As the no-contact traffic rules violation citation project rolls out in the National Capital Region (NCR), Senate President Pro-Tempore Ralph Recto called for the plowing back of the registration fees paid by 2.2 million NCR vehicle owners to road safety and discipline programs.
“If, for example, one of the violations that will now be captured by cameras are vehicles encroaching on pedestrian crossings, then perhaps we should ask government to improve road surface markings,” Recto said.
Recto said ridding NCR of “confusing road signs” is among the projects that can be funded by the Motor Vehicle User’s Charge (MVUC), the biggest item in the vehicle registration fee.
“Putting up more streetlights, for the safety of both motorists and pedestrians, and for the cameras to clearly capture traffic violations, should also be funded out of MVUC collections,” Recto said.
MVUC collections are projected to reach P14.5 billion this year, up from last year’s target of close to P13 billion.
Even though one in every four vehicles in the country today run in Metro Manila’s congested streets, the agency managing traffic in the sprawling metropolis – the Metropolitan Manila Development Authority (MMDA) – is not a direct recipient of MVUC expenditures.
Under the law imposing the MVUC, the bulk of the collections is funnelled to the Department of Public Works and Highways (DPWH). A far second is the Department of Transportation and Communications (DOTC).
MVUC collections are placed in four special accounts in the National Treasury. These are: Special Road Support Fund (80%), Special Local Road Fund (5%), Special Vehicle Pollution Control Fund (7.5%) and Special Road Safety Fund (7.5 %).
A board composed of Cabinet secretaries determine where the funds will be spent. The funds in turn are off-budget, meaning they are not subject to annual congressional appropriations, and as a lump-sum, devoid of spending details.
Recto said MMDA should be included as a direct recipient and major implementer of MVUC funded-projects.
“Legislation is the best way to do this. Or in the meantime, see if this can be done administratively by making MMDA a sub-recipient of funds coursed through DPWH or DOTC,” Recto said.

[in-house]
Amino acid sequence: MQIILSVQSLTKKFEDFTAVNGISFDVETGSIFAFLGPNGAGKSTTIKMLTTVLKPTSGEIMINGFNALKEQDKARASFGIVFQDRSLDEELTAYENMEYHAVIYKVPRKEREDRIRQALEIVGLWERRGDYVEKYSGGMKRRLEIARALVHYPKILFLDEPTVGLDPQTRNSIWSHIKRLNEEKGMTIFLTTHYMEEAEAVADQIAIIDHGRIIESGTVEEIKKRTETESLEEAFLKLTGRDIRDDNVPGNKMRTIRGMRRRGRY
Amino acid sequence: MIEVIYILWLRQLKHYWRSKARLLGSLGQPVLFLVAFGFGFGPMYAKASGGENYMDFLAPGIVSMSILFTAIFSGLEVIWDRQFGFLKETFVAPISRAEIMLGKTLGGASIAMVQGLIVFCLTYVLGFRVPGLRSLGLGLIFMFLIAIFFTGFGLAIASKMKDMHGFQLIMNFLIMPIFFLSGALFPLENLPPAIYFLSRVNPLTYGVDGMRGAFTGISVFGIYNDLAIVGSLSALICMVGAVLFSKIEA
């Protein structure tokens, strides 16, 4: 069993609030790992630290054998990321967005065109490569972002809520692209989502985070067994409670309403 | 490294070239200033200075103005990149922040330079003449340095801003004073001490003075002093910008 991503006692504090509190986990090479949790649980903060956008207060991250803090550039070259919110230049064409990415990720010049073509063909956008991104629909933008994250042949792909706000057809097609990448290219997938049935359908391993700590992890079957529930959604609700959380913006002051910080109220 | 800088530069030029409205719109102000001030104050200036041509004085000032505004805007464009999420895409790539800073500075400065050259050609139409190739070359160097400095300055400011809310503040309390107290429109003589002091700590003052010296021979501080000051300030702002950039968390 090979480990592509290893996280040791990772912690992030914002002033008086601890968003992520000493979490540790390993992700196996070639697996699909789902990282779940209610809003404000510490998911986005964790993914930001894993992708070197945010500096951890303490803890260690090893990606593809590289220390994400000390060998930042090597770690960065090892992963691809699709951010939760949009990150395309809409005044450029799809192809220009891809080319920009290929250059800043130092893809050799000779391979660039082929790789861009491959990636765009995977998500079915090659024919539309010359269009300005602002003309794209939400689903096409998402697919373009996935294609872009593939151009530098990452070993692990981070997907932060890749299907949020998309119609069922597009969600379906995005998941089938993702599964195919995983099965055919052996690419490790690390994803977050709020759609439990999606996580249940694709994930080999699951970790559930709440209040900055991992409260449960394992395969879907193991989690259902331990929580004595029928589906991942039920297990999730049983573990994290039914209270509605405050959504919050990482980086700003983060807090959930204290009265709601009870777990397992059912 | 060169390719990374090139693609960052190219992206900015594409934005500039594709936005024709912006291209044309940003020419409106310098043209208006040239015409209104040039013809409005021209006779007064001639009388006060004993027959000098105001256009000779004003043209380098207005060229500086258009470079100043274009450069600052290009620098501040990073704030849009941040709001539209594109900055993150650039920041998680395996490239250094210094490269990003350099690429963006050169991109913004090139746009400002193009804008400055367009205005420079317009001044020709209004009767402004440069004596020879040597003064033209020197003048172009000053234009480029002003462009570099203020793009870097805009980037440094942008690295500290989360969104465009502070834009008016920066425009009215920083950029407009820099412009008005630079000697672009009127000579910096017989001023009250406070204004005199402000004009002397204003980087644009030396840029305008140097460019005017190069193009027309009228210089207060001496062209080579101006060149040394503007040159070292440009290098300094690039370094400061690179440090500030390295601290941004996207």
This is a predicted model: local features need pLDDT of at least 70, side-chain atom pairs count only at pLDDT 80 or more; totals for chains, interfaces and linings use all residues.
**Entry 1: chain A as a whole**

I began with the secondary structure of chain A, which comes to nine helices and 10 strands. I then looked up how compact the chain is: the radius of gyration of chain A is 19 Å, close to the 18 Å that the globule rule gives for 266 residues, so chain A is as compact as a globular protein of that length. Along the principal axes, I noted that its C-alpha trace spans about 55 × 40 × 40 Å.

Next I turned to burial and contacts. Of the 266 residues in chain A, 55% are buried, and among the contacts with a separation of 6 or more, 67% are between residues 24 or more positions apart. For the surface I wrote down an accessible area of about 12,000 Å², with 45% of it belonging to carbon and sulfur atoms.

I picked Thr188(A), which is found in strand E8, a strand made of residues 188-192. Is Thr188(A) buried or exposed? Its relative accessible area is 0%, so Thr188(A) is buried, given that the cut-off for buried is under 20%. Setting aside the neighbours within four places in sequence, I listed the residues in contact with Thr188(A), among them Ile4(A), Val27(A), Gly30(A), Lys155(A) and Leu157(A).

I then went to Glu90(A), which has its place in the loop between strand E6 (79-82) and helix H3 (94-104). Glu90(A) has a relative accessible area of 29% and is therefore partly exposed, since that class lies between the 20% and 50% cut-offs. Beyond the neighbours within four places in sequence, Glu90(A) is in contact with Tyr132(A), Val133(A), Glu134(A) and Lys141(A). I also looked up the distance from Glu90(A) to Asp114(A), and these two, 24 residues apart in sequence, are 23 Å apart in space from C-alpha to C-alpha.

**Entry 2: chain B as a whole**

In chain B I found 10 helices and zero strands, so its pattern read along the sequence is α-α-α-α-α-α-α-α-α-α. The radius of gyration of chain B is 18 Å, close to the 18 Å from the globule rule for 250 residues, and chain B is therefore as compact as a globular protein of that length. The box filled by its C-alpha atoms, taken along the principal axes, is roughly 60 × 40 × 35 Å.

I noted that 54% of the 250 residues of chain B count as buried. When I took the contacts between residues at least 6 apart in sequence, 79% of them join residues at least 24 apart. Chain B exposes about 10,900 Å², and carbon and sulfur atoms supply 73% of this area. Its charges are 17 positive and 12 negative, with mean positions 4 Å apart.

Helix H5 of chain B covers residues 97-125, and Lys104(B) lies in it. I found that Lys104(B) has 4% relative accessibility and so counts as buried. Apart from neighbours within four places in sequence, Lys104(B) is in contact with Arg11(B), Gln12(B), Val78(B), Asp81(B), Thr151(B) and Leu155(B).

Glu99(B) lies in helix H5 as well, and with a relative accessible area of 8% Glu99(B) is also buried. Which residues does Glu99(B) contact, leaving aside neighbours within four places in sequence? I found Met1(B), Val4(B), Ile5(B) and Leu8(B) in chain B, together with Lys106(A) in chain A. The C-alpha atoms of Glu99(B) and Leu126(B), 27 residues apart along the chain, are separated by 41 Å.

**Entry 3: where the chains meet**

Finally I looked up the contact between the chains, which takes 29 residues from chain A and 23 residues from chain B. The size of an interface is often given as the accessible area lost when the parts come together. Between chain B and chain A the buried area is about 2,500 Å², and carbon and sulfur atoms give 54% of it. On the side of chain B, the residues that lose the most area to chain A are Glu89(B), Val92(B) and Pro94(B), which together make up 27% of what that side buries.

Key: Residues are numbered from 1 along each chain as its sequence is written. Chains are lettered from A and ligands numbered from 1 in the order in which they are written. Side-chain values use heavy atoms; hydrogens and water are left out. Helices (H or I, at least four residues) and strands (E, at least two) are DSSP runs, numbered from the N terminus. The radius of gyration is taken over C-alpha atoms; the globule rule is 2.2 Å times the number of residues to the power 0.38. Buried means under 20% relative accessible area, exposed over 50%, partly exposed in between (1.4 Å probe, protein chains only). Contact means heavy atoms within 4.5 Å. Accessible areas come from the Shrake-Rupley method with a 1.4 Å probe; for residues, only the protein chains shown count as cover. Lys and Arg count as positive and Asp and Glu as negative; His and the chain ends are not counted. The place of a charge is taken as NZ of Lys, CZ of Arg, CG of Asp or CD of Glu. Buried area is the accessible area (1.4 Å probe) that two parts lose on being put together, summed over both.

One compelling argument for this, Recto stressed, is the rise in the number of traffic accidents in Metro Manila, which, Recto said, MVUC-funded road safety measures can abate.
The MMDA last week said it has recorded 95,615 traffic accidents in Metro Manila in 2015. “That’s an alarming 262 incidents a day, or one every five and a half minutes,” Recto said.
By MMDA’s count, accidents killed 519 persons, injured 17,103 others and caused 77,993 cases of damage to property. “On injuries, that’s 342 buses filled with accident victims.”
“If these statistics make NCR streets a disaster area, then we should treat MVUC as a calamity fund. One that should be given to MMDA,” Recto said.
The Implementing Rules and Regulations of the MVUC Law said the funds can also be used not only for “traffic signals, markings, lanes, traffic channelization techniques, traffic calming measures”, but also for “road safety education and training programs.”
This, according to Recto, can be invoked by authorities in buying “ambulances which can be stationed in traffic-prone highways, patrol cars which can run after overspeeding vehicles at night, and tow trucks to clear roads of stalled vehicles,” he said.
“Actually, all collections from road user’s tax must be spent for road safety. That’s the end objective.”